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TLDR? Medellin has been making heavy investments into city improvements to make it a great place for startups.
San Francisco, London, Austin, Tallinn, and Helsinki might be way off in the distance but ambitious M
Medellin has its sights set on breaking into the world’s most exclusive club of startup cities.
In the world of startups, getting traction is crucial. And, Medellin has had some major success in attracting some big names to the city.
That’s just evidence that the hard work being put in by the local administration is starting to pay off.
If you’re interested in learning more about how Medellin is on the fast track to becoming Colombia’s startup city, this guide is for you. Let’s take a look at how this change is sweeping the city.
With former software developer, Daniel Quintero, at the helm as mayor, the city has been cranking up the dial to put the infrastructure in place. They’ve been focusing on developing the talent needed to make the city a hub for tech and AI startups.
He’s following on from some stellar work from previous administrations. Plus, he’s honing in on the tireless work done by the Investment and Cooperation Agency of Medellin (ACI).
This company is a part private and part public organization, whose role is to attract new companies to the city.
The city’s financial system is one big allure, the quality of life from the weather and attractive cost of living another. As is the Ruta N incubator program managed by ACI.
According to CrunchBase, Colombia grew faster than any other country in the world in terms of venture capital fundraising in 2019.
Much of that was due to the country’s first unicorn. What unicorn, you ask? We’re talking about the food delivery app called Rappi raising $1 billion. The Bogota-based super app is the pride of Colombia’s burgeoning startup culture.
It’s not just Rappi that’s taking the nation by storm. David Velez, the CEO of the region’s most successful startup, Nubank. Velez is from Medellin. Important active investors in Medellin include Kaszek Ventures and nonprofit venture fund Acumen.
Successful startups come out of a strong combination of ingredients:
In the right environment, these ingredients can combine to create a winning combination. The result is a perfect catalyst for startups.
Interestingly enough, Medellin has several factors that make it the perfect melting pot for creating startups. Let’s take a look at what makes Medellin the next hotspot for startups.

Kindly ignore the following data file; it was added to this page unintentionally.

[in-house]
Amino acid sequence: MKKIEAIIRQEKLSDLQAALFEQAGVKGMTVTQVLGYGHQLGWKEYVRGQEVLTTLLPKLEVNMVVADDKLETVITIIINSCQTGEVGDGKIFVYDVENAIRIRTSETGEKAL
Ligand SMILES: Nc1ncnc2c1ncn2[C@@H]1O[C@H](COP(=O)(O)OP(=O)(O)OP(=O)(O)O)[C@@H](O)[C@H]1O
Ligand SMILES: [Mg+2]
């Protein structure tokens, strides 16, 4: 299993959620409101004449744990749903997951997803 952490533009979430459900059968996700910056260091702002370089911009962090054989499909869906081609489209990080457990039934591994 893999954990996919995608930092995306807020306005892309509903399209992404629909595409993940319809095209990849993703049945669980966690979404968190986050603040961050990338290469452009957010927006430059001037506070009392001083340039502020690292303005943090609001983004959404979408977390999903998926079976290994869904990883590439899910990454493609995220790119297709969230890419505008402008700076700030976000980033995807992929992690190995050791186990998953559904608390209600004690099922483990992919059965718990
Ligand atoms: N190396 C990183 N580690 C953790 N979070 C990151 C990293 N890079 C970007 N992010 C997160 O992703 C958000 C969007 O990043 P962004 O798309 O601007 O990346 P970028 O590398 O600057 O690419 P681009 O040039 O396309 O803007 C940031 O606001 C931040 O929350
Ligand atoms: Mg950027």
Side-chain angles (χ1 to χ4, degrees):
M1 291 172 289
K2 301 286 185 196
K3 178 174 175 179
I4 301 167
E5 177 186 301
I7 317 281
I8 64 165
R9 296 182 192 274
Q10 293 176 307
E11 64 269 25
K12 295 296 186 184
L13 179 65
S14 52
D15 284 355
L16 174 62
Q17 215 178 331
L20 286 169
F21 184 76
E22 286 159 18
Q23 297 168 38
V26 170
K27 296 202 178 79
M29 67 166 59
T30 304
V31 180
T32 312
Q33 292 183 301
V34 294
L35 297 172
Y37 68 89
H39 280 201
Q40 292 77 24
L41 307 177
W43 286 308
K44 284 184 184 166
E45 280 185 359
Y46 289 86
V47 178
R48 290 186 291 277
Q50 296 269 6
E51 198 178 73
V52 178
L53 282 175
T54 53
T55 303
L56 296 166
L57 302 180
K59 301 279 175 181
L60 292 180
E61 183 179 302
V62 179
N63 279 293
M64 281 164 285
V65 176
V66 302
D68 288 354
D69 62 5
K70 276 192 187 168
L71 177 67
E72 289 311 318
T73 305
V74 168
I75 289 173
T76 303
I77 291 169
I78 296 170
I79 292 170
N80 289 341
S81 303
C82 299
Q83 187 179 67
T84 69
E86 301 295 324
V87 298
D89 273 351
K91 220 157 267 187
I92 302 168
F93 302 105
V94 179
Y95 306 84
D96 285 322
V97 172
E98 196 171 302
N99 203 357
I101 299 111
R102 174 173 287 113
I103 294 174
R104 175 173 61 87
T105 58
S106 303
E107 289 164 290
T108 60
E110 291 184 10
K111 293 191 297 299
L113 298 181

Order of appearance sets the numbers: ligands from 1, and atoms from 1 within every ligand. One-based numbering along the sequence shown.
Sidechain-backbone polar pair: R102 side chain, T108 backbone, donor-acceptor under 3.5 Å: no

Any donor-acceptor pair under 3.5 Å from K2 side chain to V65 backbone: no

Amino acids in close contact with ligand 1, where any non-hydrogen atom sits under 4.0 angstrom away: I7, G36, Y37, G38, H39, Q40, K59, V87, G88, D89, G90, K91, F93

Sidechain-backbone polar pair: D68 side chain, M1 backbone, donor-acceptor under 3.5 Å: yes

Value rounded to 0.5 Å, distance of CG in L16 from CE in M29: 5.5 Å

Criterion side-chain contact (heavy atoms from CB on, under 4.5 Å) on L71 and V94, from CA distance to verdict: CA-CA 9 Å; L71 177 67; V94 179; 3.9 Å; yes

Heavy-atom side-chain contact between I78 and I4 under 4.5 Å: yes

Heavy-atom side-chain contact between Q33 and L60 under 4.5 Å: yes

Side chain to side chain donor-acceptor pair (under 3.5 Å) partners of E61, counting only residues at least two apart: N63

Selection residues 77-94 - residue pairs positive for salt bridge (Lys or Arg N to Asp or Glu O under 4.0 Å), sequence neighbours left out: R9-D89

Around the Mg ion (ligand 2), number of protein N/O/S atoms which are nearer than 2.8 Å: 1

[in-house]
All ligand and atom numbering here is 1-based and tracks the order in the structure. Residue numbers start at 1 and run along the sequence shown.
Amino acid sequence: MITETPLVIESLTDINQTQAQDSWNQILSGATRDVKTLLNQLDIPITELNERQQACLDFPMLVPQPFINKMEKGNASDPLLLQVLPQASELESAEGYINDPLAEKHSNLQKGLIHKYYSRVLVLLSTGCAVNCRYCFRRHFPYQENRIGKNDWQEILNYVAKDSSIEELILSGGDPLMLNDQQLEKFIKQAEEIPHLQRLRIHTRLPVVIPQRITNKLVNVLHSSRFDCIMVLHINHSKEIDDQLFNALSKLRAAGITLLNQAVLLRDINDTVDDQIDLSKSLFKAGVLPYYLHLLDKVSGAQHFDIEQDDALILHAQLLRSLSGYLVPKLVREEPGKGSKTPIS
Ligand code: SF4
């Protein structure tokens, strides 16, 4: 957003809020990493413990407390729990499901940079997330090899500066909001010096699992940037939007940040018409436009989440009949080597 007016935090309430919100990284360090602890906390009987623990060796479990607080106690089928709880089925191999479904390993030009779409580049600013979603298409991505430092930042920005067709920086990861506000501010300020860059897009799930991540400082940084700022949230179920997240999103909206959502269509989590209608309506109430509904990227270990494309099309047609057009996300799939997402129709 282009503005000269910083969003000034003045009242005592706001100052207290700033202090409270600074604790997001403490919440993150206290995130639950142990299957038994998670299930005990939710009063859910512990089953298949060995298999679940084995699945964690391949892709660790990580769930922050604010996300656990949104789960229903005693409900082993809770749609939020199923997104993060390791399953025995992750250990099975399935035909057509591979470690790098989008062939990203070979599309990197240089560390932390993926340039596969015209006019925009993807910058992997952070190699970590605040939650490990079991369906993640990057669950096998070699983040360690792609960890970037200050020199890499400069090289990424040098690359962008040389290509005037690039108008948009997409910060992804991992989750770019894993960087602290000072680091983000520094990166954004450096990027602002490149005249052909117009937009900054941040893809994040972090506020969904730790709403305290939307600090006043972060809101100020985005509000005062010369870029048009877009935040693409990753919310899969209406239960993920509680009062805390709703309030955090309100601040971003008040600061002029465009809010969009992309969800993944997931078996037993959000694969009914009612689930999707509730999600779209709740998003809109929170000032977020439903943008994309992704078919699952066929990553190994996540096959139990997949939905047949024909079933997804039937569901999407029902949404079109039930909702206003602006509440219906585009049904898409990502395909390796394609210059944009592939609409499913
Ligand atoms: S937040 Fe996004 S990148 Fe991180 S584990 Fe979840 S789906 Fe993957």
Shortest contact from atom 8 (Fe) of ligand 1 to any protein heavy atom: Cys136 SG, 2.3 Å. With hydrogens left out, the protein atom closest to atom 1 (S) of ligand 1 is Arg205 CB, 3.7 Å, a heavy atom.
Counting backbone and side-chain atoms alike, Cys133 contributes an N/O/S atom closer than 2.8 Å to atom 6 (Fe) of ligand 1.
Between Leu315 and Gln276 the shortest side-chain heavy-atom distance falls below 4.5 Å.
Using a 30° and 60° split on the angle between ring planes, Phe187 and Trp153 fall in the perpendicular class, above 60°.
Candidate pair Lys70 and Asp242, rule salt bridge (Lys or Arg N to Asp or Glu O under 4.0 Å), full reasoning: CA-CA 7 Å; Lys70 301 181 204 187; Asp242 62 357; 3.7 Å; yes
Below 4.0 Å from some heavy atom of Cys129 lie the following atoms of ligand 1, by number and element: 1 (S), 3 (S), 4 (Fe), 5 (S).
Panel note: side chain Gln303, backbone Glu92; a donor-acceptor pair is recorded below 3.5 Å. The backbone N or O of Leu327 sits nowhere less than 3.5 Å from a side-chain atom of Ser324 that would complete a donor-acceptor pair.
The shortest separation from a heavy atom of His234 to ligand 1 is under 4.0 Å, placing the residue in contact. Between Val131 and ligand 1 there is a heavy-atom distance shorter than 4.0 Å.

Medellin is connected to the US by direct flights to Miami (just a 3-hour flight), New York (a short 5-hour flight), Mexico City, Lima, and Sao Paulo. In addition, Medellin also offers direct flights to Spain. That makes it a location that’s highly connected to business hotspots around the globe.
Although Medellin weather can be a bit hard to predict, it’s still much milder than many other places in the world. Plus, there are tons of green spaces around the city that drive productivity and creativity.
“The combination of pleasant, San Diego–caliber weather with intense greenery all around you, generates a year-round sense of wellbeing that drives creativity and productivity.”
One part of what you need to build a successful startup, be that in the hardworking Laureles neighborhood or another part of Medellin, is a can-do mentality.
Paisas are notorious for their can-do mentality, which is part of what makes this such a successful place for startups.
Medellin has tons of engineers and developers. In fact, it may have more than any other place in all of Latin America!
What that means is that you’ll find plenty of up-and-coming tech-savvy professionals who are ready and waiting to help startups get off the ground.
Medellin provides you with great geographical access and beautiful weather without the price tag. In Medellin, it costs much less to start your own business or be a digital nomad than it does in other countries around the world.
The combination of these five magical ingredients plus the forward-thinking attitude in city hall all convinced Andrew Ng to set up his Latin American HQ for AI fund in Medellin to nurture a burgeoning AI ecosystem.
The decision could have a profound impact on the city’s fortunes as the AI Fund startup studio builds new AI companies from scratch. The studio has already raised $175 million to accelerate these types of startups.
In Colombia, the company is piloting an AI education initiative to develop and connect that talent with international companies. It’s also training its first cohort of engineers, after choosing from over 400 regional applicants.
AI Fund’s Colombia office also includes team members of four early-stage AI startups exploring sectors ranging from healthcare to education to customer support.
Prior to the coronavirus crisis, the city’s co-working spaces were brimming with overseas talent seeking to set up shop in Medellin for all of the reasons showcased by Sánchez-Ríos.
As remote working becomes an even more permanent fixture in the new normal, digital nomad workshops and off-sites are set to soar post-pandemic.
Medellin has been chomping at the bit during the pandemic to get back on with the business of attracting new investors and is now ready to leverage its natural charms and human capital to catapult itself higher up the league table of startup cities.
Maybe the next silicon valley will be a little greener, more tropical than the first one.
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